Selma City Council passes Resolution to delay FY Budget
Published 10:57 am Wednesday, September 28, 2022
The Selma City Council unanimously passed a continuing resolution to postpone the Fiscal Year 2023 Budget on Tuesday night.
The entire council was present: City Council President Billy Young, Council members Troy Harvill, Atkin Jemison, Sam Randolph, Clay Carmichael, Michael Johnson, Christie Thomas, Lesia James, Jannie Thomas. They voted to work on budget until a new one is approved.
Christie Thomas made the motion and was seconded by James.
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Young said this process keeps the City of Selma from breaking state law, which requires cities to pass a budget. His time frame to pass the budget is two weeks.
Selma Mayor James Perkins Jr. attended the council meeting and agreed with the plan, but said a budget can be quickly resolved. He and Harvill will go over their separate spread sheets, then the two sides will negotiate a new budget. The Mayor’s proposed budget is $25 million, with the city council at $23 million.
Before the two sides agreed on budget delay, tensions flared up during the budget talks, part of the Mayor’s report.
Perkins didn’t approive how the city council passed their budget and rejected his earlier this month when the Mayor was out of town.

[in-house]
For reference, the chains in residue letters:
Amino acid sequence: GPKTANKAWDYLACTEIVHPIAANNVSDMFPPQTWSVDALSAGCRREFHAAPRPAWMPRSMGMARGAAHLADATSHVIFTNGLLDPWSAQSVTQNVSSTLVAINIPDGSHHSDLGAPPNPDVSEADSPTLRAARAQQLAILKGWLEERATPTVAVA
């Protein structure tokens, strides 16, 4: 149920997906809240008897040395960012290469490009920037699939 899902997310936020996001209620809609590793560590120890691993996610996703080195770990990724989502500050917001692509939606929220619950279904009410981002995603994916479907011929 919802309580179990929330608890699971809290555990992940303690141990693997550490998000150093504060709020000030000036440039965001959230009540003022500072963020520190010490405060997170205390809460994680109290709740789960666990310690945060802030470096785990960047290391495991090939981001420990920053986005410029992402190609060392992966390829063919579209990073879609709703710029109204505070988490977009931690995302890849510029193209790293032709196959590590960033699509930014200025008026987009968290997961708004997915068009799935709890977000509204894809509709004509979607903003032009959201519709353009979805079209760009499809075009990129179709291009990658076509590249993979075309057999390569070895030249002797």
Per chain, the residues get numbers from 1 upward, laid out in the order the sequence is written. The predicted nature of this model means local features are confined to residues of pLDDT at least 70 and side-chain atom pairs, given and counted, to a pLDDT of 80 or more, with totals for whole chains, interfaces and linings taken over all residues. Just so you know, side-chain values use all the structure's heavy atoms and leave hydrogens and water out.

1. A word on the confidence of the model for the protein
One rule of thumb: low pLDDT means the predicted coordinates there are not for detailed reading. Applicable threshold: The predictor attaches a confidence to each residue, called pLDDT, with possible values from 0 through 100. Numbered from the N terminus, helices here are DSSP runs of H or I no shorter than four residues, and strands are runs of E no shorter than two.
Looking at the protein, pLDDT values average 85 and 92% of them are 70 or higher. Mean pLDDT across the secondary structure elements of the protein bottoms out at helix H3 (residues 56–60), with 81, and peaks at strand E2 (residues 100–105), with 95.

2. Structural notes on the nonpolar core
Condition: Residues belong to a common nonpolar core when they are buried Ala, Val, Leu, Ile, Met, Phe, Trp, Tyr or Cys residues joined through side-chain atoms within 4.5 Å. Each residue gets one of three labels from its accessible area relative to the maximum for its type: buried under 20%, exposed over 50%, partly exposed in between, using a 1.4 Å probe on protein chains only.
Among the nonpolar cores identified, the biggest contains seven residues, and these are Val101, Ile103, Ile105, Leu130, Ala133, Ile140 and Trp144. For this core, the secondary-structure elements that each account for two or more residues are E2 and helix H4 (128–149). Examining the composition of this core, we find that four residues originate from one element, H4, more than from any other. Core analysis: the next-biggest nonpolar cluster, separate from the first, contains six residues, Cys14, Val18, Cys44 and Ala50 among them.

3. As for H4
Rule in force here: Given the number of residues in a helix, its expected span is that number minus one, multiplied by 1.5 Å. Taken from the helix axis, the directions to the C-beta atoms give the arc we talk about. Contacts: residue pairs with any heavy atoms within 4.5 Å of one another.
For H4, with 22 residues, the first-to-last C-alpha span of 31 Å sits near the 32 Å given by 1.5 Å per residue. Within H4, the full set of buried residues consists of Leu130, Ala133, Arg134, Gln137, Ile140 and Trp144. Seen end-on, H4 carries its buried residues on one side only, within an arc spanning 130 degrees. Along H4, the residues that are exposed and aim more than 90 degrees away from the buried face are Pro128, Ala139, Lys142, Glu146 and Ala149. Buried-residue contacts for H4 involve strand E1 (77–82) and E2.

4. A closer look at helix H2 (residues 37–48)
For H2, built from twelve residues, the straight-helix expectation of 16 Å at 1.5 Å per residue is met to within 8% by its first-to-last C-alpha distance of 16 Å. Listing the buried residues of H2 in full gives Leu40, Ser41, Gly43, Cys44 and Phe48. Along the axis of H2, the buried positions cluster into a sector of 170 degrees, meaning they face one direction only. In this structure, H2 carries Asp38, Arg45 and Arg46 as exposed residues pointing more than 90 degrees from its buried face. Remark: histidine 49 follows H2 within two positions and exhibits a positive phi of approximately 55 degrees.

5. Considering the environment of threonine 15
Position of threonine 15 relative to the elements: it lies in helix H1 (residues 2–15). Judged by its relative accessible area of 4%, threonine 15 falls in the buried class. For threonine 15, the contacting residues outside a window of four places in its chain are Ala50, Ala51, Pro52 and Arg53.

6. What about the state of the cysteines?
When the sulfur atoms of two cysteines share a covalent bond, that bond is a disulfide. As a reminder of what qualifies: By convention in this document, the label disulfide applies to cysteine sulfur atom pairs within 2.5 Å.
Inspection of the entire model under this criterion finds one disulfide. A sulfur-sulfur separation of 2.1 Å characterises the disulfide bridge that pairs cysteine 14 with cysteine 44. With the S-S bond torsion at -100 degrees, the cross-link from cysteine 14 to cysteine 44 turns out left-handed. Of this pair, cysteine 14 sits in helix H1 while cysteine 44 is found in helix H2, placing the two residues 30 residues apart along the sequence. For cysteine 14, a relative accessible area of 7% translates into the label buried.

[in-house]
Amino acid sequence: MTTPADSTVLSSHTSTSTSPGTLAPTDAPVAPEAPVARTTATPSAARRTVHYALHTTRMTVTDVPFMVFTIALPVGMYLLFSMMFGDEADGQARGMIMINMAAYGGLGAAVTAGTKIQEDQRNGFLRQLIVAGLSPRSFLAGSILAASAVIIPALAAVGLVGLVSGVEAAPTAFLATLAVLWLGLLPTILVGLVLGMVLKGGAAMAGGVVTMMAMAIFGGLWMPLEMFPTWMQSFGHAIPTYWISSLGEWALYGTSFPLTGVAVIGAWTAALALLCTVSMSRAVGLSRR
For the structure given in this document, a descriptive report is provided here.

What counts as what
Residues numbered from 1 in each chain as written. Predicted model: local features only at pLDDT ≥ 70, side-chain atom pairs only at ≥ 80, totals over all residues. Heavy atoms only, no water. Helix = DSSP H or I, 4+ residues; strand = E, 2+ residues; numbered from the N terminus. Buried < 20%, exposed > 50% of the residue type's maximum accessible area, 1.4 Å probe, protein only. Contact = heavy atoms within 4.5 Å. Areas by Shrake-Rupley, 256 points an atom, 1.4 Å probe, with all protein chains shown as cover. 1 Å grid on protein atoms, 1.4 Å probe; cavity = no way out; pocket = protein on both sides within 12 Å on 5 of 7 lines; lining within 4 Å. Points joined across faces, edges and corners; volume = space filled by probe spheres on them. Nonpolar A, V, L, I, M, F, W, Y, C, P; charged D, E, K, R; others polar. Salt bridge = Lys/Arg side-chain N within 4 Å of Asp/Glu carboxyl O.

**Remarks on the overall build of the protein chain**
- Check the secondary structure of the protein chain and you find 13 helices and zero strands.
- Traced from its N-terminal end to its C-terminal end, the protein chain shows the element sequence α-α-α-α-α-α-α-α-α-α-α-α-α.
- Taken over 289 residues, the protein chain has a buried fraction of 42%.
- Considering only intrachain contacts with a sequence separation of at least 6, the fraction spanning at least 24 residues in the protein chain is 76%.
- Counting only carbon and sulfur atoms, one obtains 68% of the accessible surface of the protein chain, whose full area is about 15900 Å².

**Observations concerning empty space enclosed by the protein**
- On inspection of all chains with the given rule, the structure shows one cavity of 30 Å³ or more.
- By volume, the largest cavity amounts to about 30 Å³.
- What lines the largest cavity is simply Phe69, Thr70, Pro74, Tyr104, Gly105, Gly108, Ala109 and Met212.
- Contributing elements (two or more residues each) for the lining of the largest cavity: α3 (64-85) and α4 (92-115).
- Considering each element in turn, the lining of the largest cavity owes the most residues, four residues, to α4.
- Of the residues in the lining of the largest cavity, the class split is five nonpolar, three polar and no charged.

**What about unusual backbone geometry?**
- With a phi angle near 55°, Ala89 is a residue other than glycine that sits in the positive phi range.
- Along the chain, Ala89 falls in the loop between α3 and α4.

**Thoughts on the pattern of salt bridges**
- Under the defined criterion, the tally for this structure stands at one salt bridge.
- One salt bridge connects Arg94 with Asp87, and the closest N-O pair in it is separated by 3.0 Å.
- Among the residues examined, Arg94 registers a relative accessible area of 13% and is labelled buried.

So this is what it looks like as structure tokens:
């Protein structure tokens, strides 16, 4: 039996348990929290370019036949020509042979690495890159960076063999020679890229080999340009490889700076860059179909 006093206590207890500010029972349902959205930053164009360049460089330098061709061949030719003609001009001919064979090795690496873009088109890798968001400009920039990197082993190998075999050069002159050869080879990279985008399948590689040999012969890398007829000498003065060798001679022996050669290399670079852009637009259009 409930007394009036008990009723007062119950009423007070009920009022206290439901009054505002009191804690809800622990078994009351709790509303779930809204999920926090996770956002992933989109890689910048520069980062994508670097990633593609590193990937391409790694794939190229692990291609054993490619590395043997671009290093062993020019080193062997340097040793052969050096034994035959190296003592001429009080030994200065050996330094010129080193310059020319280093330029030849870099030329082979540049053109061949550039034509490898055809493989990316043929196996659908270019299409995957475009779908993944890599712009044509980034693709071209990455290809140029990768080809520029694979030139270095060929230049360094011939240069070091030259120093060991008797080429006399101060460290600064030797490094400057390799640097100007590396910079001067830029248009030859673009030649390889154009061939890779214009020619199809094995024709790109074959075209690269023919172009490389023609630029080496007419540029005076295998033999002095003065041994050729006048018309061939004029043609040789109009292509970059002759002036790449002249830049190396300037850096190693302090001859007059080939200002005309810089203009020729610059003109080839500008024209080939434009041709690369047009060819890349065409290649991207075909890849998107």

The Public Works and Parks and Recreation Departments, both on strike, were a big part of the tension. Perkins said the council sliced $265,000 from the budget, the amount needed to restore the workers on strike,
“They have no ptoblem with the Selma Police Department and Selma Fire Department, it seems there’s a problem with laborers,” Perkins said.
Young disagreed with Perkins.
“A lot of different things I wanted to object to, but it wouldn’t make the situation better,” Young said. “We’re not on the same page.
“We did give payraises in the budget. We understand working in the sun, we understanding living from check to check. We need to get people to understand when we disagree with you, it’s nothing personal.”
Johnson and Randolph gave their opinion, supporting the workers.
“It’s not right for the workers to suffer because the cost of living has gone up,” Johnson said.
Added Randolph: “In my years as councilman, I’ve always been supportive of the workers. Let’s give the workers their money.”